rrwillsj
1.5 / 5 (2) Feb 13, 2018
Before we go harrying off for yet another gimmick-ridden "castles-in-the-sky" scheme?

Could somebody, anybody, please show us any evidence of long-term human survival in low-to-zero gee environments, under constant heavy-particle radiation?

With what we know now. With the technology we have now. It would be reasonable to support orbital industrialization using robots and waldoes.

Once we have assembled/constructed a Space-based infrastructure? And someone has accumulated data for biological survival and reproduction past the Earth's magnetosphere? Verified, confirmed from multiple sources data.

Then we can encourage human colonization beyond the Earth.

I am of the opinion. That without major leaps inventing some way to artificially create and manipulate Gravity? Human habitation outside our biosphere will end in misery and failure.

And no! Neither centripetal nor centrifugal acceleration will substitute for gravitational attraction.
Cusco
3 / 5 (4) Feb 13, 2018
Neither centripetal nor centrifugal acceleration will substitute for gravitational attraction.


And this is based on . . . your uninformed opinion? You insist on proof that humans can survive in deep space before we are able to go there to gather that data, and at the same time assert that there is no substitute for gravity, with no data. Interesting dichotomy.

The galloping acceleration of genetic engineering, prosthetics, brain/computer interfaces and robotics indicates to me that it won't be Homo Sapiens that populates the greater solar system, but the next iteration of our species (Homo Technologis?).
Mark Thomas
5 / 5 (1) Feb 13, 2018
rrwillsj, I would like to point out that radiation on Mars is considerably less than in interplanetary space. Even if Mars had no atmosphere or residual local magnetic fields, simply being on the surface cuts the radiation by half. While constructing a spacecraft surrounded by 6 feet of lead is impractical, it could be done for sleeping quarters and buildings on Mars if necessary, but I don't believe we would have to go nearly that far to protect our people. BTW, thick leaded glass windows may become the norm on Mars.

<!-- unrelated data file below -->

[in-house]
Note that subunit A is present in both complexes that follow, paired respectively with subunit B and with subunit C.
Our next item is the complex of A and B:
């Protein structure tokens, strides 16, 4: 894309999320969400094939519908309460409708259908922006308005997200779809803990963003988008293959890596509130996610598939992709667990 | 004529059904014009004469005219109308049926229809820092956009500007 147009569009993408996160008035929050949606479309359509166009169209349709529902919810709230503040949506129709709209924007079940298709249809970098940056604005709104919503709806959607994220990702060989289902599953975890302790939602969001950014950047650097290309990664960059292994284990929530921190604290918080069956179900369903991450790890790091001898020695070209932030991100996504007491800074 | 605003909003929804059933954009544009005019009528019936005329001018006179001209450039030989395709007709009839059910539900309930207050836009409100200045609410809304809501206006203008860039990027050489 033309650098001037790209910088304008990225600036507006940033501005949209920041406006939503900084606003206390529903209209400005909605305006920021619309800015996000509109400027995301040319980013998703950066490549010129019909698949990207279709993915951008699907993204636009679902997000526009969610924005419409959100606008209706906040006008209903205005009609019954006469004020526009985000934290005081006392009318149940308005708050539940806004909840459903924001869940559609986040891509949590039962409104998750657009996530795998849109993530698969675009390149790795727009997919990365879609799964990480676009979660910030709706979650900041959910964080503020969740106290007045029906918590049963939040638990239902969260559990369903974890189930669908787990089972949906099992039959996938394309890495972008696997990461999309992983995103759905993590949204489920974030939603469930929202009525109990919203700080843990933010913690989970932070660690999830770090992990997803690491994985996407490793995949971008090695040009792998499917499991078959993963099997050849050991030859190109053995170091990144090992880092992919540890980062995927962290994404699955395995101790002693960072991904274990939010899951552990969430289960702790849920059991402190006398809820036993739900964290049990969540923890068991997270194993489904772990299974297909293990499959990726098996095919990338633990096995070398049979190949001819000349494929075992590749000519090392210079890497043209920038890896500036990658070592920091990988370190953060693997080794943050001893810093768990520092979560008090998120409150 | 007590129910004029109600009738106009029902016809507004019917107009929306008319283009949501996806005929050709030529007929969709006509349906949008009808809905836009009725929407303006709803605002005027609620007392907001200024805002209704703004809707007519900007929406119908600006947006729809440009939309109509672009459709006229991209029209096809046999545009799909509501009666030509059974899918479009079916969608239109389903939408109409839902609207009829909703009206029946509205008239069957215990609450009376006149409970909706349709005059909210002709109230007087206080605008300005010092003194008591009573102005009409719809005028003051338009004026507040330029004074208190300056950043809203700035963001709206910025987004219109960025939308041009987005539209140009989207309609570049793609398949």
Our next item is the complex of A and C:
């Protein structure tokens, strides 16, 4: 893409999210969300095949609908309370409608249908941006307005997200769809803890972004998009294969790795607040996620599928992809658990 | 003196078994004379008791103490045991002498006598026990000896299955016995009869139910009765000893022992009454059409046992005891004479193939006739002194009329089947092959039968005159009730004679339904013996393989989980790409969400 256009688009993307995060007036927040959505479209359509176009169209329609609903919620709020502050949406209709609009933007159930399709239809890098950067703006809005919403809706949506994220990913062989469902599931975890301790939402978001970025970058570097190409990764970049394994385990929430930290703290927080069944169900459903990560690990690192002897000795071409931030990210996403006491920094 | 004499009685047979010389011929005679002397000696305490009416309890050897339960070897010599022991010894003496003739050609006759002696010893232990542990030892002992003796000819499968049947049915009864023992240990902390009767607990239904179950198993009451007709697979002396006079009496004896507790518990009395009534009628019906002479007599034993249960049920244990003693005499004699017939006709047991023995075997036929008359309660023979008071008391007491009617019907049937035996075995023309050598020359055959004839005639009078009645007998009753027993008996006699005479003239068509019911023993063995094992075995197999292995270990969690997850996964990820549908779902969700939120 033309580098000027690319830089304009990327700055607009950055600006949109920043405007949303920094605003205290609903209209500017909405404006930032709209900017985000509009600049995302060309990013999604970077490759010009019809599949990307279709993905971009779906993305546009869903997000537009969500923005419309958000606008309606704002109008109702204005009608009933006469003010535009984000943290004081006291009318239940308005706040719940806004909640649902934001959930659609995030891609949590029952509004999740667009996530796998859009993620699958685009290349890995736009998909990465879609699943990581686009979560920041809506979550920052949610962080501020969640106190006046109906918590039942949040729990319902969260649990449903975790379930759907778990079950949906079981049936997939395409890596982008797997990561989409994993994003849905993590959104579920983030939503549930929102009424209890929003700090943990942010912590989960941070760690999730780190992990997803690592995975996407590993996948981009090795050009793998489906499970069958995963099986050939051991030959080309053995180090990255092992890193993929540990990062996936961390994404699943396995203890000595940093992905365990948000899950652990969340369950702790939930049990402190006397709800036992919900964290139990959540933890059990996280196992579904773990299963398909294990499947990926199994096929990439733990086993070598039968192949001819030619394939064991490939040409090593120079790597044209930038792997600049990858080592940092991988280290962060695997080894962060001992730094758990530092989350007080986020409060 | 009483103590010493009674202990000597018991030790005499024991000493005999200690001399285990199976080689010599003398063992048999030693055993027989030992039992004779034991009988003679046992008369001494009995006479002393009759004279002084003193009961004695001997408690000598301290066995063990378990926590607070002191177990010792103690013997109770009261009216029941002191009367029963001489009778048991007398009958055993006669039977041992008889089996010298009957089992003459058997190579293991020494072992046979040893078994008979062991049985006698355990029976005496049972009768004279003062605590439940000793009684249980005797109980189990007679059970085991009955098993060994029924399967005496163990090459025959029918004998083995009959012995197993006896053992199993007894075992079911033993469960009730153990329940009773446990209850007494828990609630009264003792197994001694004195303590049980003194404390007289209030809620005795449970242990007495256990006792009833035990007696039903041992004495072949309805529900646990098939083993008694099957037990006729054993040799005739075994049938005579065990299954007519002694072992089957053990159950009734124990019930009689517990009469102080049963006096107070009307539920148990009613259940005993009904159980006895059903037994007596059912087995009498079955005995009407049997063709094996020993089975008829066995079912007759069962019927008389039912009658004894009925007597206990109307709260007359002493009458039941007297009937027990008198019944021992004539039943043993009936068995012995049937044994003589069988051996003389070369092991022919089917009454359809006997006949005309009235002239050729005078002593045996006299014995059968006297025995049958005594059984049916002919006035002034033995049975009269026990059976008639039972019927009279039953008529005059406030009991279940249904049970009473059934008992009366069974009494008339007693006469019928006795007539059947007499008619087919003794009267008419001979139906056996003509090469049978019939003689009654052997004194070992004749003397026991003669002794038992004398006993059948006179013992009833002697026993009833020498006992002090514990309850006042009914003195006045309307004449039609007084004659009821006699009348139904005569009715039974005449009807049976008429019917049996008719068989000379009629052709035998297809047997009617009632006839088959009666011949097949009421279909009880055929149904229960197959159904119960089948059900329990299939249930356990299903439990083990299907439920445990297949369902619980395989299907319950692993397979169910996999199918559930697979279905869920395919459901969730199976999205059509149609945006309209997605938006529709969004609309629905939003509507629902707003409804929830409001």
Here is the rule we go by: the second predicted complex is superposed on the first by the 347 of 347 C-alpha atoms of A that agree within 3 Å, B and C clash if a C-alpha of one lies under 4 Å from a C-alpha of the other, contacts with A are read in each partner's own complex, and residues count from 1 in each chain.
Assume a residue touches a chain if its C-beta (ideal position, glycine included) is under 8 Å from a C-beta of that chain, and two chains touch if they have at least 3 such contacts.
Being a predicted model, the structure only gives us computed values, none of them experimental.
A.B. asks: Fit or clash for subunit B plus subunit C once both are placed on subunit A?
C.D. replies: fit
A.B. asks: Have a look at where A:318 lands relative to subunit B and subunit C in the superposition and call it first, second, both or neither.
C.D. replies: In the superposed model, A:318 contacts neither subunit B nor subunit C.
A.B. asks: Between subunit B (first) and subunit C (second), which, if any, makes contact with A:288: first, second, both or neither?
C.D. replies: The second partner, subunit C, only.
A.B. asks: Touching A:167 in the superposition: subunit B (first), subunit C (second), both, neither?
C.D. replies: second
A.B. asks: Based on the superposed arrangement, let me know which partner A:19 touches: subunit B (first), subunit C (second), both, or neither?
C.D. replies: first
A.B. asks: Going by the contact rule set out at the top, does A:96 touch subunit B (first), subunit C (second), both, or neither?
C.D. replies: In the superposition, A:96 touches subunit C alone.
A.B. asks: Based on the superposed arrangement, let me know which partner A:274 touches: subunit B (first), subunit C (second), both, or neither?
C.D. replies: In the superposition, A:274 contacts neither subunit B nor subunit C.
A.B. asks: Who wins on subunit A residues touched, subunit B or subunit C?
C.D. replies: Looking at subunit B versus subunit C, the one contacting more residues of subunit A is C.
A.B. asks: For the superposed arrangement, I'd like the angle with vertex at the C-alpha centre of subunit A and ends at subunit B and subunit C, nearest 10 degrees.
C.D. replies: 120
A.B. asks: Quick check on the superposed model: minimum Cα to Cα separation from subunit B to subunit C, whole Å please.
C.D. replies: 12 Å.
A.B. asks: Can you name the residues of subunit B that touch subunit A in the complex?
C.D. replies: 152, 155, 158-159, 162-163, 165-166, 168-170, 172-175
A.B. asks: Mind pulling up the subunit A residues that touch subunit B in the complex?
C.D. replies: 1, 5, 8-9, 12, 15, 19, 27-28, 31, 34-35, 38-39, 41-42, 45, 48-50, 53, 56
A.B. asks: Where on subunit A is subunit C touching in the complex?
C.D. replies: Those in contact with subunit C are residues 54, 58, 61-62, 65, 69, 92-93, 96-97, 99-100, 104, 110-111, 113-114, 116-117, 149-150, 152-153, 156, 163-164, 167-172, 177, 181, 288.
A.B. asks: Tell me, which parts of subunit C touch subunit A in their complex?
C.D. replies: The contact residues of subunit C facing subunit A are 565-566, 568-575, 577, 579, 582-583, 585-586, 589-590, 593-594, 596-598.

I agree it is possible that living in 0.38 g may cause problems, but I suspect they will primarily manifest themselves with folks returning from Mars to Earth. We humans are a resilient and clever bunch, so I expect we will find a way to make it work.
rrwillsj
1 / 5 (1) Feb 14, 2018
I notice that all of those who claim extra-terrestrial habitation is possible, are not the people whose experiences off-Earth, will be proving your guesses wrong.

If any of you were actually serious about colonization? It would take only a few satellite laboratories with biological specimens, orbiting outside the magnetosphere, to prove me wrong.
Mark Thomas
not rated yet Feb 14, 2018
The Martian surface has about 1/3 the radiation as interplanetary space.

https://www.space...ion.html

But once on Mars, we can take active steps to manage radiation. For example, Mars appears to have lots of sand. it would be a simple matter to pile sandbags around our habitats to reduce the radiation to near zero inside. Others favor caves and lava tubes. People would probably spend 1/2 to 3/4 of the day inside, so cut the radiation by that much more. We could also select areas on Mars with significant paleo-magnetism that would deflect more charged particle radiation.

Regarding living in 0.38 g, I have advocated for an experiment with two colonies of mice in satellite terrariums linked by long tethers to simulate 0.38 g. I can think of lots of ways to do this including sliding weights to simulate a range of low g environments.
milnik
not rated yet Feb 24, 2018
Science has forgotten that in the month there are abundant all the necessary foods for the people who will work there. These black on the moon are fields with agricultural products and are waiting for our Earth to use it. It's cheaper to live in Sahara than in California! You can live there for two or three days, and these are low costs, and in California, it lasts a few dozen years.
Are these scientists aware of the possibilities of human beings?